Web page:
ST. AUGUSTINE, Fla. —
Casinos consider such sweepstakes cafes unfair competition because they typically don't pay taxes and often operate in states were gambling is supposed to be illegal. Their ties to charity also lend them a veneer of legitimacy while discouraging law enforcement officials from shutting them down, said David Stewart, a Washington attorney who represents the casino gaming industry.
"It's hard to come up with a more sympathetic cause than children with cancer," Stewart said. "It makes people feel good about going there, makes it more socially acceptable because it's all for a good cause."
To play at the cafes, customers get prepaid cards and then go to a computer to play "sweepstakes." The games, with spinning wheels similar to slot machines, have names such as "Captain Cash," ''Lucky Shamrocks" and "Money Bunny." Winners go back to a cashier with their cards and cash out.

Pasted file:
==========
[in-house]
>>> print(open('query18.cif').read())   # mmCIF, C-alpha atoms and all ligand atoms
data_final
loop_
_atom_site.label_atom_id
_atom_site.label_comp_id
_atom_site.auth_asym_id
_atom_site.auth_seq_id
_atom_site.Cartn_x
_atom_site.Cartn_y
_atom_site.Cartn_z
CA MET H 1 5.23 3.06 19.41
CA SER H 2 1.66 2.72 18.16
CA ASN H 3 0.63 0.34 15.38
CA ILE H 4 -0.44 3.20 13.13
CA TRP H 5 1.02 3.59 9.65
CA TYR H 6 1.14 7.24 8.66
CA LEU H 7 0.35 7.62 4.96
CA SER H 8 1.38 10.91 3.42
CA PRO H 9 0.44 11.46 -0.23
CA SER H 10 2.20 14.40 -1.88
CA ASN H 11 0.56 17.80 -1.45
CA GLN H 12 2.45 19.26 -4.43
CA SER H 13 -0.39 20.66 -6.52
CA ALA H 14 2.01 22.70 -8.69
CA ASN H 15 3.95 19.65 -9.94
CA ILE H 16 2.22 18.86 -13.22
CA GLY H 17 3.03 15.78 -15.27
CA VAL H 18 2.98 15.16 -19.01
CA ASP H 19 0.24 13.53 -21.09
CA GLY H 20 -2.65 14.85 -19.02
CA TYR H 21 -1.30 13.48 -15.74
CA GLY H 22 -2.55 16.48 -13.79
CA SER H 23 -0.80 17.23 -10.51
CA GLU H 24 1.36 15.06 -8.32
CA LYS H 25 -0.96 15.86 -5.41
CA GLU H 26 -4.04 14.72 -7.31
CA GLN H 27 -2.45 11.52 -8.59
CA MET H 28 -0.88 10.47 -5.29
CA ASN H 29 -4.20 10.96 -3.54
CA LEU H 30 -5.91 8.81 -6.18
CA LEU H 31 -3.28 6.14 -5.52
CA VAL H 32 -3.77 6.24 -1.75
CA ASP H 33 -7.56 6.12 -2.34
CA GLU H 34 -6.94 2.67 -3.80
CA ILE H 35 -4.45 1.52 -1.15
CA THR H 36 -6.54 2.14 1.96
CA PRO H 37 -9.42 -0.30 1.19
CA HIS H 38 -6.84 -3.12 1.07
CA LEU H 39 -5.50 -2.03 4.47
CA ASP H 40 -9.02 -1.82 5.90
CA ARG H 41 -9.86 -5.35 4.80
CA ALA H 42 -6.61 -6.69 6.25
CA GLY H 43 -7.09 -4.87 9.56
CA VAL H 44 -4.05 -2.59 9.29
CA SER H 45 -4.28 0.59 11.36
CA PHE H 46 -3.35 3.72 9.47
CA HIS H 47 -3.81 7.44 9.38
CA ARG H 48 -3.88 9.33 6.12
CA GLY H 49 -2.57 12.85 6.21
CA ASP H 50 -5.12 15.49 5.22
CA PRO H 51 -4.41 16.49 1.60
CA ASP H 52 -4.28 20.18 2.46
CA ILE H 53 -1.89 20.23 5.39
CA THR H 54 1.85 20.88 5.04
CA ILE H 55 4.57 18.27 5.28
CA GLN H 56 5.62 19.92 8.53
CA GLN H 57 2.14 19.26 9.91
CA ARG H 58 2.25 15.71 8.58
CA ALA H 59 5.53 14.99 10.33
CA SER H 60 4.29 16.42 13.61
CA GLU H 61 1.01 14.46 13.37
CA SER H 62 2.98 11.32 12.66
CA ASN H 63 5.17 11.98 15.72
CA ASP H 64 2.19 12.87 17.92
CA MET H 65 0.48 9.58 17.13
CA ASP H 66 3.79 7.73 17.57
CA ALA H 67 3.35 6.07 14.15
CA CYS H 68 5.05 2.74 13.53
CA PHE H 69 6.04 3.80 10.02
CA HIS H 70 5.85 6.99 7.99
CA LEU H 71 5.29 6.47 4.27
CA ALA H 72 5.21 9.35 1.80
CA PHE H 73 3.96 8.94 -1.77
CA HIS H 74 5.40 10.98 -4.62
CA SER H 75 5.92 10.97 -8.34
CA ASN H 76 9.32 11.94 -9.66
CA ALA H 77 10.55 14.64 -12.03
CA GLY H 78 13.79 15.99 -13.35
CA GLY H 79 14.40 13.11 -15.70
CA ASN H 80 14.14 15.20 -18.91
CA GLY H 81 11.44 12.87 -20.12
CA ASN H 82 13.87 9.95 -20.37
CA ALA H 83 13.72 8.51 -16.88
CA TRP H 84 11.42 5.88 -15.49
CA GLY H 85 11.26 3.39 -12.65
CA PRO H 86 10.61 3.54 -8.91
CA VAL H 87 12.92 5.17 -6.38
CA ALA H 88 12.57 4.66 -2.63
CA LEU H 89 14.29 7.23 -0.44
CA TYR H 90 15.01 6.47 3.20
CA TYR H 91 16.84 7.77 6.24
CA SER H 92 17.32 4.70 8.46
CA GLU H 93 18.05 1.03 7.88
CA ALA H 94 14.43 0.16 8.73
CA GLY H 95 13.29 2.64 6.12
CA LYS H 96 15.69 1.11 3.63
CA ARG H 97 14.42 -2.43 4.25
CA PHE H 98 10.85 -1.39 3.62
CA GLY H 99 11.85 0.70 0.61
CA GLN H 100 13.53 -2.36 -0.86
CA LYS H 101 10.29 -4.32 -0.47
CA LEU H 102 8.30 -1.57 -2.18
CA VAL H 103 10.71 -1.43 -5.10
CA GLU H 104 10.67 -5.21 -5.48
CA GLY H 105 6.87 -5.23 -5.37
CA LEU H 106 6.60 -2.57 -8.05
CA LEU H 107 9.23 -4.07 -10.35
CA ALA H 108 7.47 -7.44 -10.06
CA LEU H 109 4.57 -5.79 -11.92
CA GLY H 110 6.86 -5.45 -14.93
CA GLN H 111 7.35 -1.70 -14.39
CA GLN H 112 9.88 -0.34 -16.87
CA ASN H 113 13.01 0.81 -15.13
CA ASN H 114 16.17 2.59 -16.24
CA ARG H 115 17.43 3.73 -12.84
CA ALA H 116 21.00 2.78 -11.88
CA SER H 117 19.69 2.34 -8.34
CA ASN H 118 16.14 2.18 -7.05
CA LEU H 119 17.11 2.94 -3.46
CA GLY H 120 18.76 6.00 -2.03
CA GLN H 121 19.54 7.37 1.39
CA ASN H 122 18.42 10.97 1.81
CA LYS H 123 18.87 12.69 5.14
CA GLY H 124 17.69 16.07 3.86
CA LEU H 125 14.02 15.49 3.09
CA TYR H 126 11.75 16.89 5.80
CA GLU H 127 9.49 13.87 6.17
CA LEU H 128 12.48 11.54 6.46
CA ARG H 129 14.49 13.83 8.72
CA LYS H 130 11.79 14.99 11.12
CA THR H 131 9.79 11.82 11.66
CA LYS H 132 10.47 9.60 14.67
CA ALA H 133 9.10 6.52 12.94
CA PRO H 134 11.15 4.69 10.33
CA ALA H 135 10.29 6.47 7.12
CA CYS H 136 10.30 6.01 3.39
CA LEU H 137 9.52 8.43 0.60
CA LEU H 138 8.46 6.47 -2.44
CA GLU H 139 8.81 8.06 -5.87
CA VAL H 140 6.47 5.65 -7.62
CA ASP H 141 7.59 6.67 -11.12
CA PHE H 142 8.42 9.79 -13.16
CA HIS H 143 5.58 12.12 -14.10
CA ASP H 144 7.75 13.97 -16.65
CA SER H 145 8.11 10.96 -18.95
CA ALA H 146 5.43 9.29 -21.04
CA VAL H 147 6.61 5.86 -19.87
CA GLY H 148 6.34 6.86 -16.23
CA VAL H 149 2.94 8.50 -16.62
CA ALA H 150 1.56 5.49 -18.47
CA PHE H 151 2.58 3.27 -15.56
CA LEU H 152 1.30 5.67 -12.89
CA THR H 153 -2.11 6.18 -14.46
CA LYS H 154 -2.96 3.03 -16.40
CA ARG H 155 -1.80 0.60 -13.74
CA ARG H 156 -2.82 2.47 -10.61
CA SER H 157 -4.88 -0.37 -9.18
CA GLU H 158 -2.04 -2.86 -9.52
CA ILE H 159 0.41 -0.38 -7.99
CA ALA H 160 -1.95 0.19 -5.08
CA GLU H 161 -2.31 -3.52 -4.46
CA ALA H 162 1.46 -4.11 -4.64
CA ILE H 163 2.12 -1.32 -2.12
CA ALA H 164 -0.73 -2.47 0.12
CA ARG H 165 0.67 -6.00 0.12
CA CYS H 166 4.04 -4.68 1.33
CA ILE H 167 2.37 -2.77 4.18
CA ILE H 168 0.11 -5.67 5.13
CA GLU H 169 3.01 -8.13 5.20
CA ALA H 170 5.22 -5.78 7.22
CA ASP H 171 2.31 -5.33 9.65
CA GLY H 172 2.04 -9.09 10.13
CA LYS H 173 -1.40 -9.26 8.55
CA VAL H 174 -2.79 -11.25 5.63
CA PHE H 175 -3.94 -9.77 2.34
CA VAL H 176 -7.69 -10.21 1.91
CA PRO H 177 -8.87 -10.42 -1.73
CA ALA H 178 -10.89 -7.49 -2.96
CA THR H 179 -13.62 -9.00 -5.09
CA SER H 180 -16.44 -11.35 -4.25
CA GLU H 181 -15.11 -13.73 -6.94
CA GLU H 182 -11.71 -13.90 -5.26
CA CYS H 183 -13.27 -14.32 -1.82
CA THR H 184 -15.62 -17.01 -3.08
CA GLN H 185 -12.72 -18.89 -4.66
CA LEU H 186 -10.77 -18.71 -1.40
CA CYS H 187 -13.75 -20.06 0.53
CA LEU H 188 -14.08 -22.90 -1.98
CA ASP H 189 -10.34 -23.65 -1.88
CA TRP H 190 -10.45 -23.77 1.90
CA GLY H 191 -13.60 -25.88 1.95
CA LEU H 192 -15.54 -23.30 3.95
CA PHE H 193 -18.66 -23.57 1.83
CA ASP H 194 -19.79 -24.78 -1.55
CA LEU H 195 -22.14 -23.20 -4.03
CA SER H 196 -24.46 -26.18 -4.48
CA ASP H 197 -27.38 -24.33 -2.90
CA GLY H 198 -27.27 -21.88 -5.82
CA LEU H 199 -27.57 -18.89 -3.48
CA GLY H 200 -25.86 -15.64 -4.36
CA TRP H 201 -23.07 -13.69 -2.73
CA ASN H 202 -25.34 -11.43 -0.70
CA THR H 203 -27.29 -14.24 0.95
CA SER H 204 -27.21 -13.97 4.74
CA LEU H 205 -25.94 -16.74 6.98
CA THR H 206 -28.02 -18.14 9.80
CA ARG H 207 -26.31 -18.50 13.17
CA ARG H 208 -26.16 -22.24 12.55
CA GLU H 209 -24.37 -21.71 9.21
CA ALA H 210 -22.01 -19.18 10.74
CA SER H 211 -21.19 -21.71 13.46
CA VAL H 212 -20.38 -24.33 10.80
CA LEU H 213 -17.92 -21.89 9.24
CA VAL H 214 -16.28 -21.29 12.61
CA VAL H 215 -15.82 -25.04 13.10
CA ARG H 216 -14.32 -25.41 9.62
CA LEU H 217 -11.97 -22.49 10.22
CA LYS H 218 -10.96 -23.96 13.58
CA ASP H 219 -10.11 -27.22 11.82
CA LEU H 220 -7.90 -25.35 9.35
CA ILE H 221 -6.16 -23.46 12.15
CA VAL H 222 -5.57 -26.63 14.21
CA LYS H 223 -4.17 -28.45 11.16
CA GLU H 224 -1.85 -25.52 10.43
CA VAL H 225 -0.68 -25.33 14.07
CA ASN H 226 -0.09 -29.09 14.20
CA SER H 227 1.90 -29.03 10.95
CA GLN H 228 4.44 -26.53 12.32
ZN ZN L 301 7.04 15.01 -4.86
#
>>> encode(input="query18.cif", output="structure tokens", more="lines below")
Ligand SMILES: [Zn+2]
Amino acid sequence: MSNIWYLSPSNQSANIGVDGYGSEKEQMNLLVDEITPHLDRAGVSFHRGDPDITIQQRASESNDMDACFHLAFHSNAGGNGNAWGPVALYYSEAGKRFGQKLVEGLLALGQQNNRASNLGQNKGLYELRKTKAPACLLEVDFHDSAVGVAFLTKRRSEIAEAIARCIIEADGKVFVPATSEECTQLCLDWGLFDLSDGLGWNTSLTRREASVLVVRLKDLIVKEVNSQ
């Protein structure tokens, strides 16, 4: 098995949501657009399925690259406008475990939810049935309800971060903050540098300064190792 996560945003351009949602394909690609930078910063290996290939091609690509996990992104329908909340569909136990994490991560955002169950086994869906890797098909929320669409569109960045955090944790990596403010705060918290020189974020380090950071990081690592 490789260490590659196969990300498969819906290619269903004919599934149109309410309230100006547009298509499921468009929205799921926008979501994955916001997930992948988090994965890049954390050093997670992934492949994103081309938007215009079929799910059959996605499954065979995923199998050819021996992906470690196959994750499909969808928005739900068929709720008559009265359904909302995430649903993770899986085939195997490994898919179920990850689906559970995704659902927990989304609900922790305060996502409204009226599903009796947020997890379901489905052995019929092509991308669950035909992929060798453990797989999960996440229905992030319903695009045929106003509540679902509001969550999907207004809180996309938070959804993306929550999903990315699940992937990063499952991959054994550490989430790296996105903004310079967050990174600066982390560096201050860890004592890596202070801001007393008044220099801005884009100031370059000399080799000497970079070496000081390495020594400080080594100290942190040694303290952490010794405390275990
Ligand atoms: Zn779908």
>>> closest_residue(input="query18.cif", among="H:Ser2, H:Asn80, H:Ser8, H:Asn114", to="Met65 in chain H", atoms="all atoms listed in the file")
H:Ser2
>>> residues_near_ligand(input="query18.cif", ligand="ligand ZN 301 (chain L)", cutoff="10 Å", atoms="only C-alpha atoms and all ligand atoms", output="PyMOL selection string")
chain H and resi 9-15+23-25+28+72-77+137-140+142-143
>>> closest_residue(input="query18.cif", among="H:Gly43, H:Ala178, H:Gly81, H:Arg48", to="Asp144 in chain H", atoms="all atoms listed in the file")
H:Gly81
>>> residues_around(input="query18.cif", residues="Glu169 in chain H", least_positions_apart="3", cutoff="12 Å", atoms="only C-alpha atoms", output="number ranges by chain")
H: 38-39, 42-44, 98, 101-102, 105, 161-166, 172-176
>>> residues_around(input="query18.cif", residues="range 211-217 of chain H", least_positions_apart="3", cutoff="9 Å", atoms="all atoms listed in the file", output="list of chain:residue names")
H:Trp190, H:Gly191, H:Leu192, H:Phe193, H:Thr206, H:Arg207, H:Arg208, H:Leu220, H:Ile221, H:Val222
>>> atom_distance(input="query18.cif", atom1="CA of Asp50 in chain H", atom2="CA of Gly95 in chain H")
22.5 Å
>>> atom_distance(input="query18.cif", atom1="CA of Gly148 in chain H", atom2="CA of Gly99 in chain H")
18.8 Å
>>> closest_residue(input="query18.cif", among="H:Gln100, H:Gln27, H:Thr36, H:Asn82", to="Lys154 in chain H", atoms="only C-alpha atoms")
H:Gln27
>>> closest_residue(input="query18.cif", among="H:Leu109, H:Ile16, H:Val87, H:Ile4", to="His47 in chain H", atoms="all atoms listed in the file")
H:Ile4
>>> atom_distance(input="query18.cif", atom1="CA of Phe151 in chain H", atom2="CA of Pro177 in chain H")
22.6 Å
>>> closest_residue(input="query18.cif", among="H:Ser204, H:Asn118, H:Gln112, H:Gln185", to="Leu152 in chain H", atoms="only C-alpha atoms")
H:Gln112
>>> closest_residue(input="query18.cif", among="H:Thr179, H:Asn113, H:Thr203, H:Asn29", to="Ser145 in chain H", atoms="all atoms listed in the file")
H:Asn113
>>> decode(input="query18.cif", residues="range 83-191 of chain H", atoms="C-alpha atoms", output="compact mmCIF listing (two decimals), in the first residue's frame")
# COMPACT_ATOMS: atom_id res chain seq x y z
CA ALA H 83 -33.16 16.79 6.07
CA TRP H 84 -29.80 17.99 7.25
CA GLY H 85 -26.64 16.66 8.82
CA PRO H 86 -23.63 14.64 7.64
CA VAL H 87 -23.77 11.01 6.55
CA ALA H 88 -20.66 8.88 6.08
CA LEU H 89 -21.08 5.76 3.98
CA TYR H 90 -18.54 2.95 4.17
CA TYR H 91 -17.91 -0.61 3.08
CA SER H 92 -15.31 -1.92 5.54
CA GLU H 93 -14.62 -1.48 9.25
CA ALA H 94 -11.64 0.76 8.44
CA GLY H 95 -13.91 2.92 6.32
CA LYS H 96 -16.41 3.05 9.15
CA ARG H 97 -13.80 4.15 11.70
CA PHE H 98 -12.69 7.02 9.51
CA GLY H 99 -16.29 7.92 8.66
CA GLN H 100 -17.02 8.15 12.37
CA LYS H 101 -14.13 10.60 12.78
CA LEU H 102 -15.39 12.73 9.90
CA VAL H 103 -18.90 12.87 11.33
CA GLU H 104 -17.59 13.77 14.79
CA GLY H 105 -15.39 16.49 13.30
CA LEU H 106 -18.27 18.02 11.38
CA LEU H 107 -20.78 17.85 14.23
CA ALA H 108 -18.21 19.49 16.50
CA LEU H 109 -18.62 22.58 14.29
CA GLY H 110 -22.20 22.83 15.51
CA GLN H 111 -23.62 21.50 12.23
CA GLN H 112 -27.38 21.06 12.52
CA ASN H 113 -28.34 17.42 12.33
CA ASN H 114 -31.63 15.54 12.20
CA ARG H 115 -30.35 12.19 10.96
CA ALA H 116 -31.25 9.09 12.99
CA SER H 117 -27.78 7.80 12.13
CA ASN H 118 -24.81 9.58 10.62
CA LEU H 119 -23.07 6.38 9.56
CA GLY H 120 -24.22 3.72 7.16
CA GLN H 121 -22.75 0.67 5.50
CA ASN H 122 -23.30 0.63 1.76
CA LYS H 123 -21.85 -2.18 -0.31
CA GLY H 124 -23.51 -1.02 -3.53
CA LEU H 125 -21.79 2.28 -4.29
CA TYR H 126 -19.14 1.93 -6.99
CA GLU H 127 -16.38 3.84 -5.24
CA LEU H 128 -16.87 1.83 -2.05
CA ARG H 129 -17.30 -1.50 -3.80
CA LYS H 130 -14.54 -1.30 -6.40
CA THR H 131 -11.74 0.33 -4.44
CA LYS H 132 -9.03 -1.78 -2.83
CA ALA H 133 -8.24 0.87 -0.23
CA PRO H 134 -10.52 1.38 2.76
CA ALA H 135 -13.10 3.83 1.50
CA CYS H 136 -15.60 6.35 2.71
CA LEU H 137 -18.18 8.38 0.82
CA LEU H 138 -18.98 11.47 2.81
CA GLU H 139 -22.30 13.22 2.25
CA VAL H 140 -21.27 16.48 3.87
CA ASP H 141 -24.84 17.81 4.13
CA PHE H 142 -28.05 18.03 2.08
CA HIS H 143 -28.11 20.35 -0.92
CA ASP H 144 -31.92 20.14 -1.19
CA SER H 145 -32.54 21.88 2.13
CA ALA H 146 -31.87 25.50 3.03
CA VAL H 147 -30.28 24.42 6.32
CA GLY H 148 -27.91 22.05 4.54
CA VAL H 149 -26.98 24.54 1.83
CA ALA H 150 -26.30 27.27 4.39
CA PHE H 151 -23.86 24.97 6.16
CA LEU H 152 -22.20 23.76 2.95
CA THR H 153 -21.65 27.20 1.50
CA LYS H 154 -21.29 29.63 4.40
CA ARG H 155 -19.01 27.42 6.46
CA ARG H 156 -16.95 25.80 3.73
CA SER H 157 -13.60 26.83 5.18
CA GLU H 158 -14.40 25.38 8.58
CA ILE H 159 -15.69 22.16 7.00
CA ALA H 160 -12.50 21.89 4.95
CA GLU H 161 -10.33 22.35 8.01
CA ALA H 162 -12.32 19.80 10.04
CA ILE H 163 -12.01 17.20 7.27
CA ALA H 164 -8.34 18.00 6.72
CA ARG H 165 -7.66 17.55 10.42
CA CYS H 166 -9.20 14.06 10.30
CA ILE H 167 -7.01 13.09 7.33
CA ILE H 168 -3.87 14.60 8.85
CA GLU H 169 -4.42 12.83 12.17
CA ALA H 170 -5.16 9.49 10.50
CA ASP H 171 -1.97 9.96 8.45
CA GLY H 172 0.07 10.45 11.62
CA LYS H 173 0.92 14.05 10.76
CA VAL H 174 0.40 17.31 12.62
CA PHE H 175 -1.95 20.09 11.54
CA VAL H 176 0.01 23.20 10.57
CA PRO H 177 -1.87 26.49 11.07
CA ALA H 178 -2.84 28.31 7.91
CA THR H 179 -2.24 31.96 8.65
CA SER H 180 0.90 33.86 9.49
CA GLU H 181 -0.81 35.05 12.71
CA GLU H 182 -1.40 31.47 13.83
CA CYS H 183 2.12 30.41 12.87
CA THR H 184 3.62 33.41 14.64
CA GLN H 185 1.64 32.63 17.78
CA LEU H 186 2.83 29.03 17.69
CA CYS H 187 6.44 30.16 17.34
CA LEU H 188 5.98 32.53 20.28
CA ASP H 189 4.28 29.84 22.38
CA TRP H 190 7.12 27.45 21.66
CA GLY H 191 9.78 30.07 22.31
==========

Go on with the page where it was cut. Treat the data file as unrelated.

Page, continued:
On Wednesday, first-time visitors to Old City Sweepstakes in St. Augustine were asked to sign a registration form identifying any prizes won at the cafe as "a promotion sponsored by Children's Cancer Cooperative Inc." Asked where the money from the cafe goes, the clerk provided a brochure describing Children's Cancer Cooperative as a nonprofit charity established by Dukes.
"Harold feels like God has blessed him his entire life, not only financially but also with his health and the health of his wife, children and grandchildren," the brochure says. "Because of God's abundant blessings, Harold believes that he should share these gift(s) with others. Harold's desire and wishes is to give to others as God has given to him."
The brochure includes color photos of the 76-year-old Dukes with his wife, Rosie, and posing with ill children while handing out huge yellow checks to the Miami Children's Hospital Foundation and the Shriners Hospital for Children in Tampa.